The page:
data? You can get different volatility numbers for each one.

(tpreston): If you want to use historical volatility, you have to guess which amount
of past stock data gives the best estimate of future volatility.

(tpreston): One thing you can do with volatility numbers is to adjust them for
different periods of time.

(tpreston): For example, if you have a volatility of 30%, which represents the
volatility for a year, how do you calculate the volatility for a week?

(tpreston): What you do is multiply the yearly volatility of 30% by the square root
of the number of days divided by 365.

(tpreston): So, the weekly volatility would by .30 * square root of 7/365.

(tpreston): That equals .0415.

(tpreston): In one week, approximately two-thirds of the time the stock will be
between plus 4.15% and minus 4.15%.

(tpreston): If the stock price is \$50, in one week it would be between \$47.93 and
\$52.08 about two-thirds of the time.

(tpreston): For 2 days, the volatility would be .30 * square root of 2/365.

(tpreston): That equals .0222.
(tpreston): If the stock price is \$50, in two days it would be within \$48.89 and \$51.11

(tpreston): That's the theory, anyway. If your estimate of volatility is too low, the
range will be wider. If you estimate is too high, the range will be narrower.

(tpreston): OK, let me answer some questions

viper: by sing standard deviations and black shcole, arent we giving unfair values
on possiblities on stocks movement(direction)

(tpreston): this model assumes that stock and index returns are normally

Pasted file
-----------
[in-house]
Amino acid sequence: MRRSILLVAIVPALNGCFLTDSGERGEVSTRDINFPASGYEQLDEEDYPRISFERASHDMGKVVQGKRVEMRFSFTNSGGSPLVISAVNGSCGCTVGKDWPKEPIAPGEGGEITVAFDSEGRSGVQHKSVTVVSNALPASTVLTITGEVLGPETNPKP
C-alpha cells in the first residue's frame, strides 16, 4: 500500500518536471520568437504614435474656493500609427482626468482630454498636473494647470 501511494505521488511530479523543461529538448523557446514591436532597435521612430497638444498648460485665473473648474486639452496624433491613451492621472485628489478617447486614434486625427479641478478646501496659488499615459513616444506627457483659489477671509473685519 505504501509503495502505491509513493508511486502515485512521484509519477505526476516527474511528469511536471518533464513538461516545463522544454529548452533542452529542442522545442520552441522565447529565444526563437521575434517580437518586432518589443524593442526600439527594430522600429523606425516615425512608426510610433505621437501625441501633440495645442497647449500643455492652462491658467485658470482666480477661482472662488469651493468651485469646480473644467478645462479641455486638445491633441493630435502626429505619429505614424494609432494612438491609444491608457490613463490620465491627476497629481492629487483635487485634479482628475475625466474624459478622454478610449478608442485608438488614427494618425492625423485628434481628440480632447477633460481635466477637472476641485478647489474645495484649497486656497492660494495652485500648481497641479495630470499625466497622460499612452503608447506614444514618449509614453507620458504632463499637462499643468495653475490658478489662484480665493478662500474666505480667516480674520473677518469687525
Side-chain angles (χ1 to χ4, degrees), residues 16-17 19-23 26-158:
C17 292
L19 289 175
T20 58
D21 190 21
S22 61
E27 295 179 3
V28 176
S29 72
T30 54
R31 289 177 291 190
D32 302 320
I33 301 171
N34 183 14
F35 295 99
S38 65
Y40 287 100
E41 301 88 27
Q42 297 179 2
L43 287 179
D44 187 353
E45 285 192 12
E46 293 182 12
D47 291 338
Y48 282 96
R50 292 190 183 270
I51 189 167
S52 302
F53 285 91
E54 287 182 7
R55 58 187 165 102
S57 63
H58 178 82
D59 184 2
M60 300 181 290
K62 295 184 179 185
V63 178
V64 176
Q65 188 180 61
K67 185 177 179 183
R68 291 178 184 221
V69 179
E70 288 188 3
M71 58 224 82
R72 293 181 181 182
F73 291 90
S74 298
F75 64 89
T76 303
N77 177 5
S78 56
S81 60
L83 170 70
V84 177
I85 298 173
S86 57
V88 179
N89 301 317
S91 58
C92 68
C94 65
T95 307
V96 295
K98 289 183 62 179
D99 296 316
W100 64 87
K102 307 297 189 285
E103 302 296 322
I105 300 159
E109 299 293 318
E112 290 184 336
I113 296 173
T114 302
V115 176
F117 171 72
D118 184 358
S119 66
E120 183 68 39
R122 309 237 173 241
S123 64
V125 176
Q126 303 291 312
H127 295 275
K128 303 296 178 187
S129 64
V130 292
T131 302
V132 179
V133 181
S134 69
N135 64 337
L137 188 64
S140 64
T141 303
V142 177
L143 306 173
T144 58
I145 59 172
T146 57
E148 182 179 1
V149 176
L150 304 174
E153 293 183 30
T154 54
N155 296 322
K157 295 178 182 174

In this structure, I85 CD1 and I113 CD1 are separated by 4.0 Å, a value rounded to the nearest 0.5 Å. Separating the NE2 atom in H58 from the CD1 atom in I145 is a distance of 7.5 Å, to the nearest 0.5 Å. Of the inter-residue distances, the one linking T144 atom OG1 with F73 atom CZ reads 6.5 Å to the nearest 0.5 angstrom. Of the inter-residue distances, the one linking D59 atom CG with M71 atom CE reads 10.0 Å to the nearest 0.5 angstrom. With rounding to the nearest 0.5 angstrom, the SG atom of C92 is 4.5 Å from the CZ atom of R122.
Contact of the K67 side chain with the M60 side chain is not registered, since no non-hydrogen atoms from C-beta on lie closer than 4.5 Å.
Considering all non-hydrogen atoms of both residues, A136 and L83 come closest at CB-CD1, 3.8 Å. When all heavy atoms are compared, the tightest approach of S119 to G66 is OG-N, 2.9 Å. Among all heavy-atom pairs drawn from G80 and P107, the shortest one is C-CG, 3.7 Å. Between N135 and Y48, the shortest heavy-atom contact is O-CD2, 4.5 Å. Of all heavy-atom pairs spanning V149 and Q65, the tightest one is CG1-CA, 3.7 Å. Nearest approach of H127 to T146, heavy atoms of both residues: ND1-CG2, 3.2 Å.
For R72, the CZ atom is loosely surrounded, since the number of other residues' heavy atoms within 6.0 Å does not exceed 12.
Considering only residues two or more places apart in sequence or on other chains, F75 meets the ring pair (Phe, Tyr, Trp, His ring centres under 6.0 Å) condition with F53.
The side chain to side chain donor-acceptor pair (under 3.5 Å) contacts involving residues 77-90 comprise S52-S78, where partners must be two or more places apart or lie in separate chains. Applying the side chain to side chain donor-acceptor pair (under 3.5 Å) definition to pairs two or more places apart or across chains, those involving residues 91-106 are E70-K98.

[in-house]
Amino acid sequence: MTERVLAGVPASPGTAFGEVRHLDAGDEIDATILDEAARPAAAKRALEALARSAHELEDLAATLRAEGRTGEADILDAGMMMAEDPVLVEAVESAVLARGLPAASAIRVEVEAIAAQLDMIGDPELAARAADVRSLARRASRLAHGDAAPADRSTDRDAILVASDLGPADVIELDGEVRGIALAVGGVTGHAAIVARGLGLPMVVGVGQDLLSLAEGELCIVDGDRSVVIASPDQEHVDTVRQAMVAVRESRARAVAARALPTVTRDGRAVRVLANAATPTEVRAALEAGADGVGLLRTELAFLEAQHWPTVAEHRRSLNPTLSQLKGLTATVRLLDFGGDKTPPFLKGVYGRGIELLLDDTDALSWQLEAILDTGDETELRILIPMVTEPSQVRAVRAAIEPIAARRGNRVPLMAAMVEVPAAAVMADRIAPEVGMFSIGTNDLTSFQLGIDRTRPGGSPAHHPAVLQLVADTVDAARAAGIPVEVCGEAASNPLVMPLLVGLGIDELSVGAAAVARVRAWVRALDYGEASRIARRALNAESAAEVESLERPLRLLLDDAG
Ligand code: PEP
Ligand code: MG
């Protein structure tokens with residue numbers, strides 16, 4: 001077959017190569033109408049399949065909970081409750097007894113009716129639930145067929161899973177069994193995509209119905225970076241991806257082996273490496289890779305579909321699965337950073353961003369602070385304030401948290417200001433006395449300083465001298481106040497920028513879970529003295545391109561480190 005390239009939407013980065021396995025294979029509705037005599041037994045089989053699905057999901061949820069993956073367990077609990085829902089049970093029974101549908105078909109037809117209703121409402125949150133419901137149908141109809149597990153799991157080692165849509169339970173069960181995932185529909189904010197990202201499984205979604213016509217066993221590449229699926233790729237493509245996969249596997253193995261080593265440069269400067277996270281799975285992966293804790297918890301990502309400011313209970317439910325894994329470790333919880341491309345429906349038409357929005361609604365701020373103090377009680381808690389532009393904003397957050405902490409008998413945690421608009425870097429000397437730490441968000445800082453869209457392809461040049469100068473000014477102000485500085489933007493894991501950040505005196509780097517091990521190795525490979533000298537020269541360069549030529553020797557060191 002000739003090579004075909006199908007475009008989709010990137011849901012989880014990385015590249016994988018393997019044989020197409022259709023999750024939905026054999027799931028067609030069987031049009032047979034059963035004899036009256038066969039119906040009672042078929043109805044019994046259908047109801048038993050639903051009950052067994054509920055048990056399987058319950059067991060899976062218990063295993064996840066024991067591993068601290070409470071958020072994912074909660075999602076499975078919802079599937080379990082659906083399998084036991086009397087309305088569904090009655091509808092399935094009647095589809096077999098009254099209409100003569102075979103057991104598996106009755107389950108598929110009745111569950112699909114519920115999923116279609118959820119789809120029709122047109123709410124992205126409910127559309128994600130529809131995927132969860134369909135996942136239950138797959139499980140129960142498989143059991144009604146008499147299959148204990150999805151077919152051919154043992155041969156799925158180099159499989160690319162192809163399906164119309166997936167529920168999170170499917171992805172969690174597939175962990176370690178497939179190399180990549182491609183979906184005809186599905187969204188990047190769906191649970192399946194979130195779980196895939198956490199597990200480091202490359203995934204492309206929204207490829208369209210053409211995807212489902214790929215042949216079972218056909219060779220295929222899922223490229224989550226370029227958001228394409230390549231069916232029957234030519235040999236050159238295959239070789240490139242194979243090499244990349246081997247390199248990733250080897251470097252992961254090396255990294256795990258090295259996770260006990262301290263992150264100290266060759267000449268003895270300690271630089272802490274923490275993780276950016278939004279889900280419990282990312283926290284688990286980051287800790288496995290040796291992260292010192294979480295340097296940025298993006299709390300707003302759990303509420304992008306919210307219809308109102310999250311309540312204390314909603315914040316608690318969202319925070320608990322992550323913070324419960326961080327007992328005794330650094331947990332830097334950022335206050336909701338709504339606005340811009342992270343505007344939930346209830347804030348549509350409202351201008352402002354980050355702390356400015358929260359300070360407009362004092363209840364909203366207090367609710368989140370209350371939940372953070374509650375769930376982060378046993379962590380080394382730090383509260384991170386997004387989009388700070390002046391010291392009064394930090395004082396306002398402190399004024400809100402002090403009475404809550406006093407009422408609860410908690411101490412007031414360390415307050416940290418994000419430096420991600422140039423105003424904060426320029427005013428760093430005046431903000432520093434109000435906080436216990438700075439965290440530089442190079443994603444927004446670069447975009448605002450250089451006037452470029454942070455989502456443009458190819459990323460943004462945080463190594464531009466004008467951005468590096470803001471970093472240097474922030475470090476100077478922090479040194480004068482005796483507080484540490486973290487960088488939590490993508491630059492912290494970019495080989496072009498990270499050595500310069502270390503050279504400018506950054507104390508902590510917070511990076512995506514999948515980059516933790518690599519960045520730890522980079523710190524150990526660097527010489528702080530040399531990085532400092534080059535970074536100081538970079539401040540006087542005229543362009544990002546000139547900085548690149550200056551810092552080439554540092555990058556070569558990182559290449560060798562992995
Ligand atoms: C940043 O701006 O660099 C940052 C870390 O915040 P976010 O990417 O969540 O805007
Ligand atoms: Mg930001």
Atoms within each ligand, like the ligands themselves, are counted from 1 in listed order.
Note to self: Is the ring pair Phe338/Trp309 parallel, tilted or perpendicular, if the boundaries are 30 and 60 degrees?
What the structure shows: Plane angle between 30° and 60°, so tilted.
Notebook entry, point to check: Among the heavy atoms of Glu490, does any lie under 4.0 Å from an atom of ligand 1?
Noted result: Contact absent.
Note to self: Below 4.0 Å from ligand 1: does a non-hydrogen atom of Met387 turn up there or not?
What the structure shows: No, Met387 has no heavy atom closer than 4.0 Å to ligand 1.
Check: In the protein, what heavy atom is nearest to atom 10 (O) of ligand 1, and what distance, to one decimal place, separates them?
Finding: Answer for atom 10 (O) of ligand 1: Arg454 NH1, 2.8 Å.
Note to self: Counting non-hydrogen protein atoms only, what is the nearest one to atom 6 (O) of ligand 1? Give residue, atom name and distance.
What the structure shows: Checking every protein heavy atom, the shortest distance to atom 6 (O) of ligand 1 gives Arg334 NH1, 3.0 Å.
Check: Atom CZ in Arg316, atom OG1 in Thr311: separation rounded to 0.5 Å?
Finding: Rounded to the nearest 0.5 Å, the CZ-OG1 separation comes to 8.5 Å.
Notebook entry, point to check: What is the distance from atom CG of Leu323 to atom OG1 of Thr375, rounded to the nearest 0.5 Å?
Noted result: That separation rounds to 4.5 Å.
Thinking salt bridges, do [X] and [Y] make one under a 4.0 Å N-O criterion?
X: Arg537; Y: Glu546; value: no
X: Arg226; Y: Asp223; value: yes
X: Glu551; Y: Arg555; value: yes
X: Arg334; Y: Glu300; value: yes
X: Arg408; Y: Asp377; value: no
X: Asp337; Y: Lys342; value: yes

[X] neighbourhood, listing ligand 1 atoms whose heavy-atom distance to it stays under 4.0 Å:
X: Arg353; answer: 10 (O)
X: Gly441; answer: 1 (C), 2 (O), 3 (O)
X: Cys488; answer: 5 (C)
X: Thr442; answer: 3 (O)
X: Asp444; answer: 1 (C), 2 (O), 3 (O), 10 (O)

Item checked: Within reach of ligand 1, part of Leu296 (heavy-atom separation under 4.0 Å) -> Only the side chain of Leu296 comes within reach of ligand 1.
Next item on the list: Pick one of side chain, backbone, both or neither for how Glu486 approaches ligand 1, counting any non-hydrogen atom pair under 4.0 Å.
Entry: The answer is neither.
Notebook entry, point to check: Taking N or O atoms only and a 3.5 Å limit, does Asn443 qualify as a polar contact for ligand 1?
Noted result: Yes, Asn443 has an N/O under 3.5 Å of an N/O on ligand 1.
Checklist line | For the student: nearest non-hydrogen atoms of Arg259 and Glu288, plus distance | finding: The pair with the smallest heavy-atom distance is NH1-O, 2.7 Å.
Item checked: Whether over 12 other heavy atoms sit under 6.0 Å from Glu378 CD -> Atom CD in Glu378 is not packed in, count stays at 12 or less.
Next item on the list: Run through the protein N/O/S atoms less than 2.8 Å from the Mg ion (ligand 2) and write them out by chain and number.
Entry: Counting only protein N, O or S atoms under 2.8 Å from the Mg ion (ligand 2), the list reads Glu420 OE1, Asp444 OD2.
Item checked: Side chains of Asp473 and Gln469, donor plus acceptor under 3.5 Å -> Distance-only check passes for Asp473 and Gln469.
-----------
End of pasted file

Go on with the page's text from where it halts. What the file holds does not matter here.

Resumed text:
distributed

(tpreston): if you think that the returns aren't normally distributed, you wouldn't
use this model

loveoptions: What are some good volatility-oriented strategies for a market where
the VIX is this low?

(tpreston): as for strategies, if you estimate the range of stock prices, you could
create an iron condor that sells calls above the range and sell puts below the range,
then buys a call with a strike higher than the call you sell and a put with a strike
lower than the put you sell.

loveoptions: Hmmm, so an Iron Condor with an extra kicker in case you're wrong

(tpreston): in iron condor has limited risk built in. If you want to make money if the
stock goes outside the range, you could buy more out of the money options

loveoptions: Right... but what I'm hearing is, do the Iron Condor as your most
probable target, and buy the extra OTM calls & puts as cheap boosters in case you
mised the range by a strike or two...

(tpreston): yes, you could do that

loveoptions: interesting... thanks

jackgJAG: Thanks for your intro to the basics. Where do you recommend reading

johuang: Option Volatility and Pricing, by Sheldon Natenburg

(tpreston): Yes, Natenburg is a good resource

(tpreston): some floor traders do, others don't

(tpreston): but all professionals keep an eye on volatility